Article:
Modern browsers have powerful new database capabilities that enable applications to store data locally, and perform advanced indexed queries without a network connection. Applications can be built with offline support without any disruption to data interaction, including searching.
It was recently reported that Google Dumps Gears for HTML5. If true, with the investment Google has made in HTML5, Chrome, Chrome OS, and Chrome Frame, this is not surprising, but it does leave a potential short-term gap for offline application development.
Dojo is a very flexible toolkit; it doesn’t dictate how you organize your code or create your widgets. It simply provides tools, and it’s up to you to decide how you want to fit them together.
Last month, we announced Queued, an open-source application for managing your Netflix Queue. Queued is a desktop application created with web technologies and techniques including the Dojo Toolkit, and it is distributed as an Adobe AIR application to provide several performance boosting benefits from living on the desktop.
Mobile application development has many challenges. The announcement of Google Gears on Mobile Devices will help solve the problems of network connectivity, network latency, and limited bandwidth.
While the media has beat us to the punch with countless “on AIR” puns (and the list of companies using the word air grows), we completed work to make the Dojo Toolkit compatible with Adobe AIR in time for its recent launch. It’s a platform for web app deployment that’s somewhat similar to a browser: web applications are deployed to the desktop using AIR, giving web applications some of the capabilities of desktop apps while retaining the ability to use web app development tools like the Dojo Toolkit.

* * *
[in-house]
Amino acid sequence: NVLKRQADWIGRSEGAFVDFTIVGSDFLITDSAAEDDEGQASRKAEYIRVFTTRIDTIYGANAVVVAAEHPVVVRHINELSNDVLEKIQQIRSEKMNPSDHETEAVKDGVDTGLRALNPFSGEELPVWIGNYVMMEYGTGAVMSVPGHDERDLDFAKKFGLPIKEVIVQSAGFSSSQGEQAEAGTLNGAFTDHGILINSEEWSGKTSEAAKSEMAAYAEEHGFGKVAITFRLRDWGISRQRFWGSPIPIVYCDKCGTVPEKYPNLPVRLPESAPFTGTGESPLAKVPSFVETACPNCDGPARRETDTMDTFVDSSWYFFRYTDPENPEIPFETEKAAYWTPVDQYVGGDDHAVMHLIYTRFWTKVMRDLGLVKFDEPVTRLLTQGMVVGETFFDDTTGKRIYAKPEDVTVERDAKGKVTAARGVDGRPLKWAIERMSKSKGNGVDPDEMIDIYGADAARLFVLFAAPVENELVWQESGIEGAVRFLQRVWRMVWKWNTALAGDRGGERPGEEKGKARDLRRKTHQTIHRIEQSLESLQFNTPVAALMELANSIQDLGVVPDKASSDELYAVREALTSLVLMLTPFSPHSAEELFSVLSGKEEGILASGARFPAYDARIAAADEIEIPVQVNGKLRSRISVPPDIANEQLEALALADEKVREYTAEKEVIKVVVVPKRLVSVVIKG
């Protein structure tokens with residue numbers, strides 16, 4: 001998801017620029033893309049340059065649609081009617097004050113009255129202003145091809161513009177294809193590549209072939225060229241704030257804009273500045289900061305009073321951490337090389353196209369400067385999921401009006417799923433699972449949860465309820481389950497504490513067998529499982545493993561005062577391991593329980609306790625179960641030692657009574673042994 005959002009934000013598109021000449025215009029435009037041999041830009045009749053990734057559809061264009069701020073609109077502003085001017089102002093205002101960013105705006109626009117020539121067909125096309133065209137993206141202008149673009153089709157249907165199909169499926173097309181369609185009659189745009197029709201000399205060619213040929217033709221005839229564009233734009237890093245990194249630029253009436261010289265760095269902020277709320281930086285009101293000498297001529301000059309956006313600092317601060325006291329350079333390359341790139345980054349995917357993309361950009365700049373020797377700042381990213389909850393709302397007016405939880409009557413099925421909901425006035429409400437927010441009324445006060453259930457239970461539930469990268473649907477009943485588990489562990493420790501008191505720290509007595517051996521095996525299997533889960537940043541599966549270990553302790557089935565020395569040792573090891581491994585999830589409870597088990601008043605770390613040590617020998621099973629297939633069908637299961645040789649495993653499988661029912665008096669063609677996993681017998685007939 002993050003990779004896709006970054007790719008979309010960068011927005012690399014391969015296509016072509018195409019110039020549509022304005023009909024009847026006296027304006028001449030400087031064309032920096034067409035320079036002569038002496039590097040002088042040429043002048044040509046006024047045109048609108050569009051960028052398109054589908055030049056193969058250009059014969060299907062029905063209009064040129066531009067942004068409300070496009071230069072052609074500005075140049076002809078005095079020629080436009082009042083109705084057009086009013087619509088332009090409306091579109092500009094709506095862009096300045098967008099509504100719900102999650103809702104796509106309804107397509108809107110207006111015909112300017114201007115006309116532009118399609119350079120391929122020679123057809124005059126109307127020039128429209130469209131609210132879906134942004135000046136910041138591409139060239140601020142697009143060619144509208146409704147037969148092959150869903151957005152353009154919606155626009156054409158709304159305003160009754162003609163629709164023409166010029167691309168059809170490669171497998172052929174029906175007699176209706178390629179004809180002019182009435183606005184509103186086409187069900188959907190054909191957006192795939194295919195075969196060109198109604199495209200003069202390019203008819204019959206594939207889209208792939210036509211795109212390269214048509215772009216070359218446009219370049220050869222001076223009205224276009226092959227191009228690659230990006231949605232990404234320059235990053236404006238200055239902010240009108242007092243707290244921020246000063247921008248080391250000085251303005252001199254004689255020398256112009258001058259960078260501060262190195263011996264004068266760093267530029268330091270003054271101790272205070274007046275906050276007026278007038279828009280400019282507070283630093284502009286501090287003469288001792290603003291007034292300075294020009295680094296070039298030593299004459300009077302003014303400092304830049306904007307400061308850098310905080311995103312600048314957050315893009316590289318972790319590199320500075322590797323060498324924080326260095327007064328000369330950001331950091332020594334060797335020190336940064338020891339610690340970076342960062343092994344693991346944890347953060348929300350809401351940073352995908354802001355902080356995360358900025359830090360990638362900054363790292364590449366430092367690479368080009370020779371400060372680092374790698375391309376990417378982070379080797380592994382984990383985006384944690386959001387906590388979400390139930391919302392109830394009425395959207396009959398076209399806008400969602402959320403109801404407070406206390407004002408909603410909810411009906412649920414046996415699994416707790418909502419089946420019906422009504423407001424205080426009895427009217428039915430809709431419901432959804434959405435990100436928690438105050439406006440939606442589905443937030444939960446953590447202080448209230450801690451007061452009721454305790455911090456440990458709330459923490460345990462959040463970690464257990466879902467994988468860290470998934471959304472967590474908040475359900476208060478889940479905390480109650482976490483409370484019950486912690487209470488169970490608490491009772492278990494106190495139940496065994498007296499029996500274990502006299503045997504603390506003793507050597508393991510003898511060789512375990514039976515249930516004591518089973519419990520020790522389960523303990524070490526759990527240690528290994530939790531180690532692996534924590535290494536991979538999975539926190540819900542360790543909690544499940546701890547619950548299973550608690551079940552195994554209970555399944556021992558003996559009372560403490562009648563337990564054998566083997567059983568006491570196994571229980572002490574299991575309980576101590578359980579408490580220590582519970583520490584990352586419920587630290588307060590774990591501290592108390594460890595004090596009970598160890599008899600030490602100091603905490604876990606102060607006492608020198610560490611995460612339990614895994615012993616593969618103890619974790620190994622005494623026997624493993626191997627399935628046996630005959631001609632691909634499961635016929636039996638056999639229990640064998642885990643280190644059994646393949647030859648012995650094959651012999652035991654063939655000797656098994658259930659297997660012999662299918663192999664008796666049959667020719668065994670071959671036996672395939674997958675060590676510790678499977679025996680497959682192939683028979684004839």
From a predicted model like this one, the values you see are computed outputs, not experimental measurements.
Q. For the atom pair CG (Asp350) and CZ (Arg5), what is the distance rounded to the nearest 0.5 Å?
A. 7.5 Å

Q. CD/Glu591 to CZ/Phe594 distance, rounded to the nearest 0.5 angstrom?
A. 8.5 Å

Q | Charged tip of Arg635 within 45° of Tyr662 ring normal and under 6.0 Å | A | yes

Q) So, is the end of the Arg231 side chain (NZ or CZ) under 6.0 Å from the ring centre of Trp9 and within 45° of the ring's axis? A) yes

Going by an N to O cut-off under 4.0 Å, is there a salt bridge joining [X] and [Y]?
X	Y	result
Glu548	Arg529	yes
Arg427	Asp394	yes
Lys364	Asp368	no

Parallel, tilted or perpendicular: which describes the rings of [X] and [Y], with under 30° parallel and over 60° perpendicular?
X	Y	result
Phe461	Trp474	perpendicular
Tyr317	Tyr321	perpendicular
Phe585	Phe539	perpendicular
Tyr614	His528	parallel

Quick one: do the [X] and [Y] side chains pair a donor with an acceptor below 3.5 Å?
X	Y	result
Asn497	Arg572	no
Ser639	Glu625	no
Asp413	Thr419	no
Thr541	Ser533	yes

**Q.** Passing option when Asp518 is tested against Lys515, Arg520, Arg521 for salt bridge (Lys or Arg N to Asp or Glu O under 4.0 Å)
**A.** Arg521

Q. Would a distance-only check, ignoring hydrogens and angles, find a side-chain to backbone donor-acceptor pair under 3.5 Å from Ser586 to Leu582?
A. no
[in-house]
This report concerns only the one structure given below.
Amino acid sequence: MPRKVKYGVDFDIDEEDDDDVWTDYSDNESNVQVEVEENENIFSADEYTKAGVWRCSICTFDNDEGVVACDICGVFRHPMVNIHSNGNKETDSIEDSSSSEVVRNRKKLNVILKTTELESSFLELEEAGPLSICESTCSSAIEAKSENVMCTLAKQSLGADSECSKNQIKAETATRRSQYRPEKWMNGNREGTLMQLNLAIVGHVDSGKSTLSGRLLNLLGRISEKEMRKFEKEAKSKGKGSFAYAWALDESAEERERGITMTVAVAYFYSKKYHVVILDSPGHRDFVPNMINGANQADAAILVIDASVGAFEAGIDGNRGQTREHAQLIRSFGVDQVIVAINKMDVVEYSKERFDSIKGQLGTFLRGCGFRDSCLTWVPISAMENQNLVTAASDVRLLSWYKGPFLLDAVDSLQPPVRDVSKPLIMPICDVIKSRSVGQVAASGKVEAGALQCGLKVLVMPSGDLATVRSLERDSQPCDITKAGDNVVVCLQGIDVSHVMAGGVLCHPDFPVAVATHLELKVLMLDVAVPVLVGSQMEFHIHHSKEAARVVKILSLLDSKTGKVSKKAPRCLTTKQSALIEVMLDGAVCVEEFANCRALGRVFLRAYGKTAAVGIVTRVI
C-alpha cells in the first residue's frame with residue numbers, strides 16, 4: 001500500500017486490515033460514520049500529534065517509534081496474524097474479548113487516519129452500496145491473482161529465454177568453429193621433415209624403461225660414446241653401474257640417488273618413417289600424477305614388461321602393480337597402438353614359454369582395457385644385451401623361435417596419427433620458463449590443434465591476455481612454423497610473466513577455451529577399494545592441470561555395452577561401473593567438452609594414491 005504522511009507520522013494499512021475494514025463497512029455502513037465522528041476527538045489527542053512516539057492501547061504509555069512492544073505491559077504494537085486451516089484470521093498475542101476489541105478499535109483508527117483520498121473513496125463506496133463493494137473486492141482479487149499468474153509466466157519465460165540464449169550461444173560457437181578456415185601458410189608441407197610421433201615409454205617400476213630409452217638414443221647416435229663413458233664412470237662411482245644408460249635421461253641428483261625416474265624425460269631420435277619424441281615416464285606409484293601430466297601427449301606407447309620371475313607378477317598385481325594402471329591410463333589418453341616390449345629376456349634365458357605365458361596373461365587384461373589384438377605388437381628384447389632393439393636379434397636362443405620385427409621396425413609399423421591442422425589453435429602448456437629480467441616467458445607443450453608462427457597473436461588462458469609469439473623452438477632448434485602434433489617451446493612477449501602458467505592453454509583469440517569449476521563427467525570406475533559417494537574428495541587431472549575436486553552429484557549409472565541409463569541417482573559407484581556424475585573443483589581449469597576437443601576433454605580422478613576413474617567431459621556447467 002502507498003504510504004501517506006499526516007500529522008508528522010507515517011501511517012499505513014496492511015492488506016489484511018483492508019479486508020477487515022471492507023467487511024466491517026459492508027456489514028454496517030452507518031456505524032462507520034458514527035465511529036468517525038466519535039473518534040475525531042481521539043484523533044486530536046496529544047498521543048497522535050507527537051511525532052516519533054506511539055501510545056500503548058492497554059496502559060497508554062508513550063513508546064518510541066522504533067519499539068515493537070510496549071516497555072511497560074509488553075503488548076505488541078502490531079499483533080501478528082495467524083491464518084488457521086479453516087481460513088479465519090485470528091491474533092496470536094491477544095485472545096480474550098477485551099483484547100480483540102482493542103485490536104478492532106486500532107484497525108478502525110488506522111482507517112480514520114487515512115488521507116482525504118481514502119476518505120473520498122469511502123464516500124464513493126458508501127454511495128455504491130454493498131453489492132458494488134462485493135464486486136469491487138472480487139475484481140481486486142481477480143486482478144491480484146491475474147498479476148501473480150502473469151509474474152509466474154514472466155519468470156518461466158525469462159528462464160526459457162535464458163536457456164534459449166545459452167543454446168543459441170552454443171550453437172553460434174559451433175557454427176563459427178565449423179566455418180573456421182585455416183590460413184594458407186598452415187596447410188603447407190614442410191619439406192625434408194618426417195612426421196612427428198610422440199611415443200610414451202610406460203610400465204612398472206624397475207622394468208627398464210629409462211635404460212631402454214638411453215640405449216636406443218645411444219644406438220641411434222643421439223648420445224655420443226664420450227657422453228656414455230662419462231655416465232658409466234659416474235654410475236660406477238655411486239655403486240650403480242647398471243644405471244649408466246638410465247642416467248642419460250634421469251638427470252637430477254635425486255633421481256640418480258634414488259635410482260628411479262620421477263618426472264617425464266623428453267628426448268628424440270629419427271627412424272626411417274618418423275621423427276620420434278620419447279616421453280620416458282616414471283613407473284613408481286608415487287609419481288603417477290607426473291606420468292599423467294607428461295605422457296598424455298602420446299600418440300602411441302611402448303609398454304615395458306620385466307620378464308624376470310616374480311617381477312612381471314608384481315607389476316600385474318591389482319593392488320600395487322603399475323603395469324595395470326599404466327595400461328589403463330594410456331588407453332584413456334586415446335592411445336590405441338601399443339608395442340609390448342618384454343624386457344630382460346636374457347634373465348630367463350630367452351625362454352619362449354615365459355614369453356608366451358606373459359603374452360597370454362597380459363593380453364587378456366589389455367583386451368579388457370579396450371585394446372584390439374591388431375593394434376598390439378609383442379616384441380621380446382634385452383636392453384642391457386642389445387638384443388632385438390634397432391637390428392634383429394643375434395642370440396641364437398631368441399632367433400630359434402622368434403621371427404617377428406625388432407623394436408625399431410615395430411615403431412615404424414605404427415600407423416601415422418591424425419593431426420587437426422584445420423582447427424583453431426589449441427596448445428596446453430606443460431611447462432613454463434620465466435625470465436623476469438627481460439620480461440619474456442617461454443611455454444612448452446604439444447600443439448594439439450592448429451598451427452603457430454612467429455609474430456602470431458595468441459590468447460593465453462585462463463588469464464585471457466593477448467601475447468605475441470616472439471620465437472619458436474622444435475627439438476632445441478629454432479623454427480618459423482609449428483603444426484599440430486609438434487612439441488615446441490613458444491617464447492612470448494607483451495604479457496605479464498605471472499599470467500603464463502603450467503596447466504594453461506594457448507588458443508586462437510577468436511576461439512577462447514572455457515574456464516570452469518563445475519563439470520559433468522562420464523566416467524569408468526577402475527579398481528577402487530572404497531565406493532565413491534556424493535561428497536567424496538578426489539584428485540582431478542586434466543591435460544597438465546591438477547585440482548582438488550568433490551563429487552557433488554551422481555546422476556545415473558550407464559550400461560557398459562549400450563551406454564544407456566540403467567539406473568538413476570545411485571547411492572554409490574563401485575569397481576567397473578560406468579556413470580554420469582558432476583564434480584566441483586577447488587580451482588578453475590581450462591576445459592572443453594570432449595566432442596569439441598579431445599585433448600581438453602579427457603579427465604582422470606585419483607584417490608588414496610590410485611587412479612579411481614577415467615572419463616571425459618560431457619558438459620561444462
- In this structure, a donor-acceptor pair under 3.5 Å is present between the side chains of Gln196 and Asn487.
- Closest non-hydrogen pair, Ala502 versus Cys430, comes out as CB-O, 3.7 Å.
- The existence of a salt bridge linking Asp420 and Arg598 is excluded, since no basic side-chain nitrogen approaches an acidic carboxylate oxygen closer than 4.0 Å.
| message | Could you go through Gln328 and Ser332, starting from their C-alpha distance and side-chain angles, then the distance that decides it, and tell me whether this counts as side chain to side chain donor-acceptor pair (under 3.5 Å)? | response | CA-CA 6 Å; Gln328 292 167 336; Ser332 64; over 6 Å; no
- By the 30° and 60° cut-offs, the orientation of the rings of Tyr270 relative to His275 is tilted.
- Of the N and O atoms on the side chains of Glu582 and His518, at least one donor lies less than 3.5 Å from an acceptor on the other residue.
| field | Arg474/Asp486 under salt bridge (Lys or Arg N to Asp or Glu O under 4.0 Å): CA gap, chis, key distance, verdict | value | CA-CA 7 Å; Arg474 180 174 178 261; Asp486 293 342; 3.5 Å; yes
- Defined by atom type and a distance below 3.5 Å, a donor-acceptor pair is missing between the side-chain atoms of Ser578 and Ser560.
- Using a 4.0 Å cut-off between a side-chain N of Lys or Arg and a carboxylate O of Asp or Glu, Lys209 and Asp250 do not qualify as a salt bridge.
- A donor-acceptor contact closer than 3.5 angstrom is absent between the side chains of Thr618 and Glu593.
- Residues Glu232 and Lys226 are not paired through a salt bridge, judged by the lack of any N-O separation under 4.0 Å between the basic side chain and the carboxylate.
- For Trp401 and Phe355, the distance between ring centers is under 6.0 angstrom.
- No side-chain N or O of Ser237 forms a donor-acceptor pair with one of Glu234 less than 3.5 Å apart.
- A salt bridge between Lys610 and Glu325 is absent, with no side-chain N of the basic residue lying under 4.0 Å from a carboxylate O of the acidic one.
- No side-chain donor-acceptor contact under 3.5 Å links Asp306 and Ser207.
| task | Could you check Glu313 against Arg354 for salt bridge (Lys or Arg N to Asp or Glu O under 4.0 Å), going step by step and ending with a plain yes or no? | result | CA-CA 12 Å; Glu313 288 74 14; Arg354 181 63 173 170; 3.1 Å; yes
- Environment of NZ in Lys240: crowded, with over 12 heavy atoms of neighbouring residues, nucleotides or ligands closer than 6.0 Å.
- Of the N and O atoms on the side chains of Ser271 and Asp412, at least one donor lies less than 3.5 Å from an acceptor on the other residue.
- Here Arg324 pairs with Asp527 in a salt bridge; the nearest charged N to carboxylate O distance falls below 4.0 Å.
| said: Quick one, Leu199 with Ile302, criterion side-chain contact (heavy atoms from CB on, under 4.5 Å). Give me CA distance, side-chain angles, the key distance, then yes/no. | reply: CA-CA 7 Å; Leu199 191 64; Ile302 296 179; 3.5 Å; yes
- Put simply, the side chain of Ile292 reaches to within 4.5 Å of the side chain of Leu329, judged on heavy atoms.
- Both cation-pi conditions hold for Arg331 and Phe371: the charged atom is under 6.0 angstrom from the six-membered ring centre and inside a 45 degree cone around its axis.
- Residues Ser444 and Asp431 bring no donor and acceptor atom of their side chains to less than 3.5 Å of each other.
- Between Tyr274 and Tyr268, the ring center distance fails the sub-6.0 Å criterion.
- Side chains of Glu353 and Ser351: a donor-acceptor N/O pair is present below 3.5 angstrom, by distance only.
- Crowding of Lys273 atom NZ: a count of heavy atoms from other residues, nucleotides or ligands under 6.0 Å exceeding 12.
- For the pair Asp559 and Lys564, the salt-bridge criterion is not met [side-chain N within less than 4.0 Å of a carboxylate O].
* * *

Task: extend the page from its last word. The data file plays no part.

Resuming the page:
Google released the first preview of Android today. It is chock full of features and a great emulator, but there was one interesting omission.
Apple’s iPhone web application development tips are yet the latest example of blurring the lines between the power of the web and the desktop. The example that drives this point home the most is Google Maps: Google maps links open a built-in Google client rather than making a connection through the public website.
Shortly after we began working on Dojo Offline, our friends at Google invited us over to the Googleplex to tell us about their efforts in building an open source project similar to Dojo Offline called Google Gears. Since the release of Dojo Offline, we’ve been working with Google to make Dojo Offline and Google Gears work well together.
At the beginning of 2007, we announced a collaboration with Brad Neuberg to develop the Dojo Offline Toolkit, and today we are pleased to announce the beta release! Several people have asked how and why we decided to do this, and how this relationship came about. From the SitePen perspective, our clients have an obvious need for offline web applications.
This is it folks! This is the last week of dev for Dojo Offline until we pop the Dojo Offline beta out the door, either later this week or on Monday, April 16th. Last week we finished the Windows installer for Dojo Offline.
We finished a bunch of big tasks last week, mostly having to do with fit and finish and our installers: * The Moxie demo for Dojo Offline used to take too long to load — it was loading about 27 resources on page load — we optimized this to about 3 resources on page load drastically improving page load time.* We created about 80% of a Windows installer using an open source toolkit from Microsoft called WiX. Unfortunately, WiXturns out to make easy things hard and hard things close to impossible, trying to turn XML into a programming language.